More than £50 million ($68 million) has been spent on policing Extinction Rebellion (XR) protests since 2019, the Metropolitan Police said on Friday ahead of another round of protests planned by the environmental activist group.
The climate activist group staged prolonged demonstrations in April and October 2019 and September 2020, when protesters blocked entrances, halted traffic, glued themselves to buildings and roads, defaced a statue of Britain’s wartime Prime Minister Winston Churchill, and disrupted newspaper printing.
Met Commander Rachel Williams said during a press briefing on Friday that the three events have cost the Met “in excess of £50 million.”
“I’m in no doubt this year’s policing operation will run into the millions and will result in many police officers sacrificing their time off to help mitigate any disruption and bring order and safety to the streets of London,” Williams told reporters.
XR has called for two weeks of civil disobedience starting from Aug. 23, to “disrupt the City of London to target the root cause of the climate and ecological crisis,” but it also said the disruption will last until the UK government agrees with its new demand, which is to “stop all new fossil fuel investment immediately.”
The Met said its officers are working with the City of London officers to develop a comprehensive policing plan.
Judging from previous experiences from XR demonstrations, and the fact that the protests are planned around the August bank holiday, which is usually busy for the police, “the scale and complexity of resources needed to respond will stretch across all areas of the Met,” the Met said in a statement on Aug. 20, adding that “specialist policing teams will also be on standby who can respond to and manage protesters in a safe manner who have built, or locked themselves to, complicated structures.”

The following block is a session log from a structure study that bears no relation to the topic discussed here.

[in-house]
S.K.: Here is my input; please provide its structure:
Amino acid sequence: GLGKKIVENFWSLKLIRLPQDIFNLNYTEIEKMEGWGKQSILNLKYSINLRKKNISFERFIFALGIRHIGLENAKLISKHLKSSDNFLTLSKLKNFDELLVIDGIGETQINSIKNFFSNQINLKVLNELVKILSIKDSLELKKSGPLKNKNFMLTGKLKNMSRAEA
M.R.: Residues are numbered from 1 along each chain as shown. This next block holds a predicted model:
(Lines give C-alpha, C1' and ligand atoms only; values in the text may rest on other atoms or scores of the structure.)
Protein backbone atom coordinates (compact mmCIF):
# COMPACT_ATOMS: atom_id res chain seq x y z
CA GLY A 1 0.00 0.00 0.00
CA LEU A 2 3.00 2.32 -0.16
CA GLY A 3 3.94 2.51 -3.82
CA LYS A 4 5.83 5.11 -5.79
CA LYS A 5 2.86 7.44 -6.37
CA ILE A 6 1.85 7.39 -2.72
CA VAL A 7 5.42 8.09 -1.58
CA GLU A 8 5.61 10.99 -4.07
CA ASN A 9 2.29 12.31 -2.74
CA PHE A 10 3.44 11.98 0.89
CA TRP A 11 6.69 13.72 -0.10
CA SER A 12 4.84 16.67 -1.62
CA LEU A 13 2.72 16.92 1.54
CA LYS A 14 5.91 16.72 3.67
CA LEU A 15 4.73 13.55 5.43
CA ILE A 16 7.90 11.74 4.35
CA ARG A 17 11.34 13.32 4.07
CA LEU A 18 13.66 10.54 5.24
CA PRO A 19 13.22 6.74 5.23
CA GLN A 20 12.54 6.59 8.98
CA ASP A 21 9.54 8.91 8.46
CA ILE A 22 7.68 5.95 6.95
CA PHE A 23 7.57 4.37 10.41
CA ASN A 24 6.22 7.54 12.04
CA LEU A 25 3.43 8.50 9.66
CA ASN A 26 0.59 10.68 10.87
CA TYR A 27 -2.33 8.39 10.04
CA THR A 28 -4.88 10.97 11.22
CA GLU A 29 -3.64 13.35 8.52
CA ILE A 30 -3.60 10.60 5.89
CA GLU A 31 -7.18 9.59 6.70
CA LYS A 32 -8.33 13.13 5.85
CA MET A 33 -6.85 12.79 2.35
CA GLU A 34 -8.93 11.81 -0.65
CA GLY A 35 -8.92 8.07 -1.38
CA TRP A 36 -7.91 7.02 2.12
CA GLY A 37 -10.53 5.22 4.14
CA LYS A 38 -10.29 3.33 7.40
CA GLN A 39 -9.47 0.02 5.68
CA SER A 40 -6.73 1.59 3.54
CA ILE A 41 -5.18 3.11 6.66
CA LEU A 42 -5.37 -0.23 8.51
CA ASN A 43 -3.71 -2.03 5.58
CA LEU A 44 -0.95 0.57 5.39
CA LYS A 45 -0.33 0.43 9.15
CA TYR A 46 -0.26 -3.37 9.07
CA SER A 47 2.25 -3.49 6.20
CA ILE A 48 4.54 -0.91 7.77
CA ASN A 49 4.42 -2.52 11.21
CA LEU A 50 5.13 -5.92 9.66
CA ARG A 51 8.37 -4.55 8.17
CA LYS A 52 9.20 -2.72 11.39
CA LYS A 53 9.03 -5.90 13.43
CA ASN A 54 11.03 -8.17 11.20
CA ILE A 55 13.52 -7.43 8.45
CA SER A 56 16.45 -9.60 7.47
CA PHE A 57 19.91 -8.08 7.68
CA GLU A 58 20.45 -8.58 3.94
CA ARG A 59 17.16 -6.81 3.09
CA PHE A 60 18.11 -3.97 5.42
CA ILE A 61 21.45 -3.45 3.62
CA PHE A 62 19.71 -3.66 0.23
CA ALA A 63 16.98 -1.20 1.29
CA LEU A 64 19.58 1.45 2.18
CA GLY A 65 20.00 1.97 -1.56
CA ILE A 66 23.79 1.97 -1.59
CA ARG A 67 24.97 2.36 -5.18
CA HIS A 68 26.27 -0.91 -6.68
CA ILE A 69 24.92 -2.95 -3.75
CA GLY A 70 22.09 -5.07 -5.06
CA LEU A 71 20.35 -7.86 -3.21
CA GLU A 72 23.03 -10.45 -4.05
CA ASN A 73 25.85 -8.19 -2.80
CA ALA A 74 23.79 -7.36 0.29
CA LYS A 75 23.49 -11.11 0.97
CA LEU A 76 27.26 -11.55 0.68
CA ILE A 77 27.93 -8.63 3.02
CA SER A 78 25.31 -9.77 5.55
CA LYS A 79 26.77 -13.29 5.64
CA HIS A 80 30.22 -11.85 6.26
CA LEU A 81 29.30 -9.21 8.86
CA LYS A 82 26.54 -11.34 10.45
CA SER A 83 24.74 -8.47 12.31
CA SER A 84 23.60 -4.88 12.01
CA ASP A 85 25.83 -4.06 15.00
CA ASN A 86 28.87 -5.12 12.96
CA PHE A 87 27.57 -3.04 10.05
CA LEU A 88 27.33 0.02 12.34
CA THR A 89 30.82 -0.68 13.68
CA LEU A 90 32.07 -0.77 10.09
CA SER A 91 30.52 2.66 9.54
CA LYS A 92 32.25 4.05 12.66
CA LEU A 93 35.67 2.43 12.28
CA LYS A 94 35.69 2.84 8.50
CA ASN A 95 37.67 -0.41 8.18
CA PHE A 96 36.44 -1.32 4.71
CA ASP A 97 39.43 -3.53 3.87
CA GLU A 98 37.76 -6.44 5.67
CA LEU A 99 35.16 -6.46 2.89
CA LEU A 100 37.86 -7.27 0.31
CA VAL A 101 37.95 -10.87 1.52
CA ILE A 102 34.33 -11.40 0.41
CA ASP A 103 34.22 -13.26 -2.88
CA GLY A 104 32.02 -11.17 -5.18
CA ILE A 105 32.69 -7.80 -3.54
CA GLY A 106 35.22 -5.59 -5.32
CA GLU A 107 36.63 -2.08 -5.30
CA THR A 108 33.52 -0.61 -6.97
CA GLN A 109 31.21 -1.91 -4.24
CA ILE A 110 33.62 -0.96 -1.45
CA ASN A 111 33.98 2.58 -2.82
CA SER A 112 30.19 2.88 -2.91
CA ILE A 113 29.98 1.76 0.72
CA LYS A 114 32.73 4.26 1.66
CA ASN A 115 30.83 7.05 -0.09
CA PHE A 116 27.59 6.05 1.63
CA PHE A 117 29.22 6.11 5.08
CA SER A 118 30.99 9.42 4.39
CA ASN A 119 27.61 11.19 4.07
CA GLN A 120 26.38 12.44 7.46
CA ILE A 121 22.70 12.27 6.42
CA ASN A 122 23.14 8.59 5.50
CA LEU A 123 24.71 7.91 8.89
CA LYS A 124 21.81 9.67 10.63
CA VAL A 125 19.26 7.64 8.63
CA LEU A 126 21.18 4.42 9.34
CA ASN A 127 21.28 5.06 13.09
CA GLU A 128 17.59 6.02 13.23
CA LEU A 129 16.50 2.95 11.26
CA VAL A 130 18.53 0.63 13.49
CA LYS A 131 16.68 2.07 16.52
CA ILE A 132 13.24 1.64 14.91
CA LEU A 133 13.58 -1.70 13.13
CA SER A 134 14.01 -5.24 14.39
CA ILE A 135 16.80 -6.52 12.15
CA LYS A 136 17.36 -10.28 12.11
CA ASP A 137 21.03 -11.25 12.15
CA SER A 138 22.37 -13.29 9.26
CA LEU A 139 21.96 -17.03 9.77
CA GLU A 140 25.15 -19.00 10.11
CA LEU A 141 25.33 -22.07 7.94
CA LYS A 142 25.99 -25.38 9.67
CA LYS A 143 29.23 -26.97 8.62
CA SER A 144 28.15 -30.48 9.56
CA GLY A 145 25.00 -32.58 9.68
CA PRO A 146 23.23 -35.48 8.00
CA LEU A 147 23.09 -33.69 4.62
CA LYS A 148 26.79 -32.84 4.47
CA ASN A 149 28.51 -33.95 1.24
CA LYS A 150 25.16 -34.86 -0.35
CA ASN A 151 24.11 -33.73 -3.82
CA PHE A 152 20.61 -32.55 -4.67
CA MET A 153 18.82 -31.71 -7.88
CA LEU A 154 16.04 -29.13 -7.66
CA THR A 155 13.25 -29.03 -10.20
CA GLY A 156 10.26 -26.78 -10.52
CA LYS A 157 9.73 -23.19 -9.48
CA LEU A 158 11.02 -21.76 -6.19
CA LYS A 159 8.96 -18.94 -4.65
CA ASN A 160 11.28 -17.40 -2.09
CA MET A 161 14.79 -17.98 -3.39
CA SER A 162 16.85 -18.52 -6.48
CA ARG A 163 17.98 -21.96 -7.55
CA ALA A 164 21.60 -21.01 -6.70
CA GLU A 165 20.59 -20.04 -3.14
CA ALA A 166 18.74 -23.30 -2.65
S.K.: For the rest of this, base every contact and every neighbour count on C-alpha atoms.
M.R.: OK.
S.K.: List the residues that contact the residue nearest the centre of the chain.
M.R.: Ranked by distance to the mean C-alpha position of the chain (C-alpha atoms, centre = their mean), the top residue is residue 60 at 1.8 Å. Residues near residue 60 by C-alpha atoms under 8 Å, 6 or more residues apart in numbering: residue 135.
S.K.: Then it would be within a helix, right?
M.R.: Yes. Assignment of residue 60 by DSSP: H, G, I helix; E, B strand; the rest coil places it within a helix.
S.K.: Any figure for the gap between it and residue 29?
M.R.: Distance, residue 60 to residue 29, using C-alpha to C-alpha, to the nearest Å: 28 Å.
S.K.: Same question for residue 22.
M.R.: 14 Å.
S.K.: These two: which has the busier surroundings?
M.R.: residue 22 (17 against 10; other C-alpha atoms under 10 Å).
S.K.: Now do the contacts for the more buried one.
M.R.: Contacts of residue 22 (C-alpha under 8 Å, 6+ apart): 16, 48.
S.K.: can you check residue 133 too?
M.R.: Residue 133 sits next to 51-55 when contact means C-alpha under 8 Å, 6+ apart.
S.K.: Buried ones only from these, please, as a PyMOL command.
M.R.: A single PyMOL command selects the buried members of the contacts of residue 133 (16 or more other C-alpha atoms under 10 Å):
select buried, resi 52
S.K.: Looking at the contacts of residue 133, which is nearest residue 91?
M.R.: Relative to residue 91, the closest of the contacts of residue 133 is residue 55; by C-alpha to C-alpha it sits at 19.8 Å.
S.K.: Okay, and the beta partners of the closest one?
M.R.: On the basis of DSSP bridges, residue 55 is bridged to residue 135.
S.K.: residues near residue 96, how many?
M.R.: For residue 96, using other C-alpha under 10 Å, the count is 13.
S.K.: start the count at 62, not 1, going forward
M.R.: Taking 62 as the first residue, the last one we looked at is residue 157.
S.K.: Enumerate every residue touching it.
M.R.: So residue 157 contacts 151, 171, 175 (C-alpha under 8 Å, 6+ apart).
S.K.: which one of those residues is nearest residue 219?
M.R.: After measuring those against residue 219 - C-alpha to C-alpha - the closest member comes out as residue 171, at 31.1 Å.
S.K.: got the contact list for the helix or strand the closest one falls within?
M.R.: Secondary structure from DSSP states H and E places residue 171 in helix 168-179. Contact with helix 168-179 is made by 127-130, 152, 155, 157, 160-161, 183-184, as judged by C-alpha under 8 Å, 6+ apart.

Actor Stephen Fry on Friday shared a video from XR on Twitter, showing Fry voicing his support for the organisation and its plans.
XR activist Zoe Blackler told PA news agency on Friday that the sixth “Assessment Report” published recently by the United Nations Intergovernmental Panel on Climate Change (IPCC), which again argued in favor of the view that mankind’s emissions of CO2 were to blame for global warming, and recent scenes of flooding, have ignited more “public anxiety and desire for action.”
XR also said on Friday that it has raised over £300,000 ($409,000) through crowdfunding in the last few weeks.
Home Secretary Priti Patel has previously said that XR, while claiming to be “an environmental rights campaign group,” continuously use “guerrilla tactics” with contempt, “seeking to grind the economic well-being of our nation into the ground under the pretence of tackling climate change,” and that the government “will not stand by.”
The government is also trying to pass legislation to put restrictions on protests, partly in response to XR protests.
But governments, including the UK government, mostly steer their policy on the assumption that greenhouse gas emissions are the main cause of climate change.
Prime Minister Boris Johnson has pledged to have the UK achieve “net-zero” by 2050, despite warnings that the plan is costly, would compromise grid security, and cause other environmental and social damages (pdf).
In contrast with the IPCC report, a new study published on Monday by a team of almost two dozen scientists from around the world concluded that previous studies did not adequately consider the role of solar energy in explaining increased temperatures.
Alex Newman contributed to this report.